WASHINGTON – No. 2 House Republican Roy Blunt challenged Democrats on Friday to pass a $50 billion war spending package, pouncing on new remarks by Democratic Rep. John Murtha who said, "I think the surge is working."
"With one of the Democrats’ leading war critics now saying the surge in Iraq is working, it’s difficult to understand why the majority continues to push an irresponsible withdrawal plan that jeopardizes critical support funding for our troops," Blunt said in a statement he released Friday.
Blunt, of Missouri, then turned to the $50 billion "bridge" funding bill to finance the wars in Iraq and Afghanistan through the spring. Congressional Republicans and the White House have been calling on Democrats to remove the restrictive language in the spending bill, and said that without the money, the Pentagon will have to make drastic changes in its budget that could, among other things, reduce training for troops heading to Iraq.
"The stakes are too high for this Congress to remain idle on this critical funding bill. ... It’s time for the majority to stop playing games and deliver a well-deserved gift in time for Christmas to our men and women in uniform: a clean supplemental funding bill," Blunt said.
Murtha, one of the most ardent critics of President Bush's war policy, on Friday issued a statement softening his assessment of the troop surge, calling it "a window of opportunity." Murtha is one of the most powerful House Democrats when it comes to war funding.
The Pennsylvania Democrat gave qualified but likely his most glowing remarks Thursday about the Iraq war.
"I think the surge is working, but that's only one element," said Murtha, who chairs the defense appropriations subcommittee. "And the surge is working for a couple of different reasons. And one reason is the increase in troops."
On Friday, however, Murtha's office moved to clarify his seemingly positive take on the surge, this time putting it in the context of renewed criticism of the administration.
"The military surge has created a window of opportunity for the Iraqi government," Murtha's statement read. "Unfortunately, the sacrifice of our troops has not been met by the Iraqi government and they have failed to capitalize on the political and diplomatic steps that the surge was designed to provide.
"The fact remains that the war in Iraq cannot be won militarily, and that we must begin an orderly redeployment of U.S. forces from Iraq as soon as practicable."
Murtha, speaking to reporters Thursday in his hometown of Johnstown, Pa., mixed in renewed criticism of the Bush administration's management of the Iraq war, saying it was waged with too few troops, and that it is too costly.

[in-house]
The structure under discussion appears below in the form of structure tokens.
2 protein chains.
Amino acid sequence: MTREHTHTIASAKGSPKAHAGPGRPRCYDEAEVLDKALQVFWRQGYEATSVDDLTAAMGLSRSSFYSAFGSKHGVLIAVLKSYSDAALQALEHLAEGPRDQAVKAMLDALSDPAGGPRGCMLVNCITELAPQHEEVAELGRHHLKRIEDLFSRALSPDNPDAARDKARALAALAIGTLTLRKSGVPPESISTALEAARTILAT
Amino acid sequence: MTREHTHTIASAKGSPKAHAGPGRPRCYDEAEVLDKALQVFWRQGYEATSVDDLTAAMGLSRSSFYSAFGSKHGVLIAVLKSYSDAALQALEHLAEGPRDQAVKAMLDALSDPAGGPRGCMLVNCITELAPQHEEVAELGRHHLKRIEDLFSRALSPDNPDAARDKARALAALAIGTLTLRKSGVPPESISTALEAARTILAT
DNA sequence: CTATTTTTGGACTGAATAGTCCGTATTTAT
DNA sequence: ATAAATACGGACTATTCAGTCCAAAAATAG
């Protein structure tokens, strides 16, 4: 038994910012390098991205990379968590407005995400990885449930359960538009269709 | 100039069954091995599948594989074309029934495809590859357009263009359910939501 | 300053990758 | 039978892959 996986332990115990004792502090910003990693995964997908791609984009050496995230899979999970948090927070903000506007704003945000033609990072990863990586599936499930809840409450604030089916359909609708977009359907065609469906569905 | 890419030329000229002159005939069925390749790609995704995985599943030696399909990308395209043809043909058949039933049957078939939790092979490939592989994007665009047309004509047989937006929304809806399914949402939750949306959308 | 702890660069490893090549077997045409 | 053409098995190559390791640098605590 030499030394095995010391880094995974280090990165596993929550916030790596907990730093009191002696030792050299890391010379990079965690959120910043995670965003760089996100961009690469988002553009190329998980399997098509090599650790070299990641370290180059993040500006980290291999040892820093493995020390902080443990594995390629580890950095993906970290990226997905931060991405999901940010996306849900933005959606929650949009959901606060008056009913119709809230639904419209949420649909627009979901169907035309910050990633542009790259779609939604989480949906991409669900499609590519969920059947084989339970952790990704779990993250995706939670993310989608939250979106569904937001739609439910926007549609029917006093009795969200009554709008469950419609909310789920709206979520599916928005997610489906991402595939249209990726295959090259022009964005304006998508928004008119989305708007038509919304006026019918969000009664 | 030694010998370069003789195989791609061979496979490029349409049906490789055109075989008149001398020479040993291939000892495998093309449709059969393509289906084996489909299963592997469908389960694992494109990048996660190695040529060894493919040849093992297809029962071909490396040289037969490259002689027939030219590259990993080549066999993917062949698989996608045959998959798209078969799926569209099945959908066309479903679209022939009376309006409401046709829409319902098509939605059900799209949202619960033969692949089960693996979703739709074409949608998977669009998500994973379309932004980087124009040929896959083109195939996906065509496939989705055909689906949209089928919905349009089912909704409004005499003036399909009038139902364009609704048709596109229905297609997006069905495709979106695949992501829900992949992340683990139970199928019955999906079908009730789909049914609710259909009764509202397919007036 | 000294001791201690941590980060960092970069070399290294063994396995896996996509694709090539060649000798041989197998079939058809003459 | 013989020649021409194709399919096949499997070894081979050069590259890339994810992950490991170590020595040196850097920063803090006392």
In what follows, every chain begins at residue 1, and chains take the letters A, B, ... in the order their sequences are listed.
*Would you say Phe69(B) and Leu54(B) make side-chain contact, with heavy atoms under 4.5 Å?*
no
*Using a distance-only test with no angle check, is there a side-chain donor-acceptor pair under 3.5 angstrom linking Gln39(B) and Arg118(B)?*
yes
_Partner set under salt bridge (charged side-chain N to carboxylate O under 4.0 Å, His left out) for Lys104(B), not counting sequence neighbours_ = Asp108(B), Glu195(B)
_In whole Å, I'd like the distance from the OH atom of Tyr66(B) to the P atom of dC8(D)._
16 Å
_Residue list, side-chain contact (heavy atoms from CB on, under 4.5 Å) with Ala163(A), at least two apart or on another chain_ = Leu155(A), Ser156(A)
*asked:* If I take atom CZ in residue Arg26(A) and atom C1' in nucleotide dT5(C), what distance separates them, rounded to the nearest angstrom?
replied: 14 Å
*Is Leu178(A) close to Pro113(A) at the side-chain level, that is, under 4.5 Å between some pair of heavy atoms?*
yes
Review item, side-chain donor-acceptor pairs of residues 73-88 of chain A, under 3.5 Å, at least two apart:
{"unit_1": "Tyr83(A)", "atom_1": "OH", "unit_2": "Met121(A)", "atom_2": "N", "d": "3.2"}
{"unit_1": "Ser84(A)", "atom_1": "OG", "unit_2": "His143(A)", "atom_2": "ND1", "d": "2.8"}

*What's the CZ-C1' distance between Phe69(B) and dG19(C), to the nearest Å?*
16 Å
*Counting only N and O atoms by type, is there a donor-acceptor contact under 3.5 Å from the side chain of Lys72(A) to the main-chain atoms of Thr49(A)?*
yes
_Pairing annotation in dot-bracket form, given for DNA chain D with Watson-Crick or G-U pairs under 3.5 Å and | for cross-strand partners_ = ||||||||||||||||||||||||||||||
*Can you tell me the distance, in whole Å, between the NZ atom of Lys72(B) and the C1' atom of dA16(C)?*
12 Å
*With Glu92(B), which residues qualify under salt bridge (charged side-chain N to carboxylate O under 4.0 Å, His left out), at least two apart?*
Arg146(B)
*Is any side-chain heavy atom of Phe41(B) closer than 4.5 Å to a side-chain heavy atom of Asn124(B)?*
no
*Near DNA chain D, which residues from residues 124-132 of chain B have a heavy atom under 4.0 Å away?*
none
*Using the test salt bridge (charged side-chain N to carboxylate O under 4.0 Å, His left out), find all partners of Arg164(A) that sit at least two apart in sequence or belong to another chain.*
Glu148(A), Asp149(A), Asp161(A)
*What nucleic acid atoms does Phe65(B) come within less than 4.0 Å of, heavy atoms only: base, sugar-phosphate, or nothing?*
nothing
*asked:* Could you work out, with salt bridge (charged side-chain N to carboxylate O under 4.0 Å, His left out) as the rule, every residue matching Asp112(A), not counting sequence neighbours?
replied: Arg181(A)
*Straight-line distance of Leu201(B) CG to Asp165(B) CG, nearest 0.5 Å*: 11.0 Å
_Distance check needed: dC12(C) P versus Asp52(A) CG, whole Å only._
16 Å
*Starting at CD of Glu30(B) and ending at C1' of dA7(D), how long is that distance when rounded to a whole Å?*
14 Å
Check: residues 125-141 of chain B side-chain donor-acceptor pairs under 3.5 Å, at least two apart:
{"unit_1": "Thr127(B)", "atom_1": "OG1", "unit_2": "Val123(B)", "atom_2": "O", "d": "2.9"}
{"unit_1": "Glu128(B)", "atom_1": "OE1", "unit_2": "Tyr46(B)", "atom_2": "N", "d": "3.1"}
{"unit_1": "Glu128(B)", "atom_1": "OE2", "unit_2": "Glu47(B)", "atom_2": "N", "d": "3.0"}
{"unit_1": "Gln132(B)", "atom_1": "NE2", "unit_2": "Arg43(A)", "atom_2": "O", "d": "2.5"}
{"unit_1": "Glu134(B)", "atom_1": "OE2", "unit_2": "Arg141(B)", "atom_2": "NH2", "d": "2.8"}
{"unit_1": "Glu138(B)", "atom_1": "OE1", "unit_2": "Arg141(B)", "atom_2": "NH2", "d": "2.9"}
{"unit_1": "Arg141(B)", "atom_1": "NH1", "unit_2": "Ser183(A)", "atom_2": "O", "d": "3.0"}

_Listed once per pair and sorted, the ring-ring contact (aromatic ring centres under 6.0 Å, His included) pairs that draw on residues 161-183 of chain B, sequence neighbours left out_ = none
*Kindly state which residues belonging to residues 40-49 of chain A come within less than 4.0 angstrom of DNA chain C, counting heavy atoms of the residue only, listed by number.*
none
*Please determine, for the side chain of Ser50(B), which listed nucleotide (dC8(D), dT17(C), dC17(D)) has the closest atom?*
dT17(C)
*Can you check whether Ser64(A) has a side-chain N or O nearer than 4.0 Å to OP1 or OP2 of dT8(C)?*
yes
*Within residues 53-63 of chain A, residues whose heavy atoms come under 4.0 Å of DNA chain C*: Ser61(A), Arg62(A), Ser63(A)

"We can no longer afford to spend $14 billion a month on this war and let our readiness slip," Murtha said.
But, "If you put more forces in, things will work out," he said.
"But the thing is, the Iraqis have to do this themselves," he added. "We can't win it for them in Afghanistan or Iraq, and provinces they've (Iraqi forces) taken over, we've done better. We can't win."
According to The Politico, one congressional aide said that House Speaker Nancy Pelosi -- a strong Murtha ally -- would "be furious."
Pelosi's office on Friday dismissed the claim. Spokesman Brendan Daily said, "Of course, she is not furious."
Murtha, a Vietnam War veteran who had been known to be hawkish on military policy, made waves in 2005 when he called for an immediate drawdown in troops in Iraq, saying the U.S. military was "broken," and there was no foreseeable outcome of a continued military presence in Iraq.
Since then, Democrats took over the House and Senate after the 2006 elections, in large part due to an antiwar vote. Democratic leaders have tried — and failed — dozens of times to force the administration's hand by linking war funding to pullout timetables.
Murtha on Thursday still called for a troop withdrawal, but left some wiggle room saying that U.S. military equipment — which is harder to move than the troops themselves — could be left behind for a longer period of time than troops themselves.
"The House of Representatives has passed a $50 billion funding bill that provides the president, our troops, and our nation with a responsible plan for bringing our troops home," Murtha's statement read. "The President should heed the advice of the American people and allow this funding bill to become law. "
But the administration has dismissed the current bill Congress is offering because it would require that the administration bring most troops home by the end of 2008, and would set other restrictions on non-military interrogation techniques by banning outright the use of waterboarding. Waterboarding, a technique viewed by many as a form of tortured, is banned by use of the U.S. military, but not agencies like the CIA.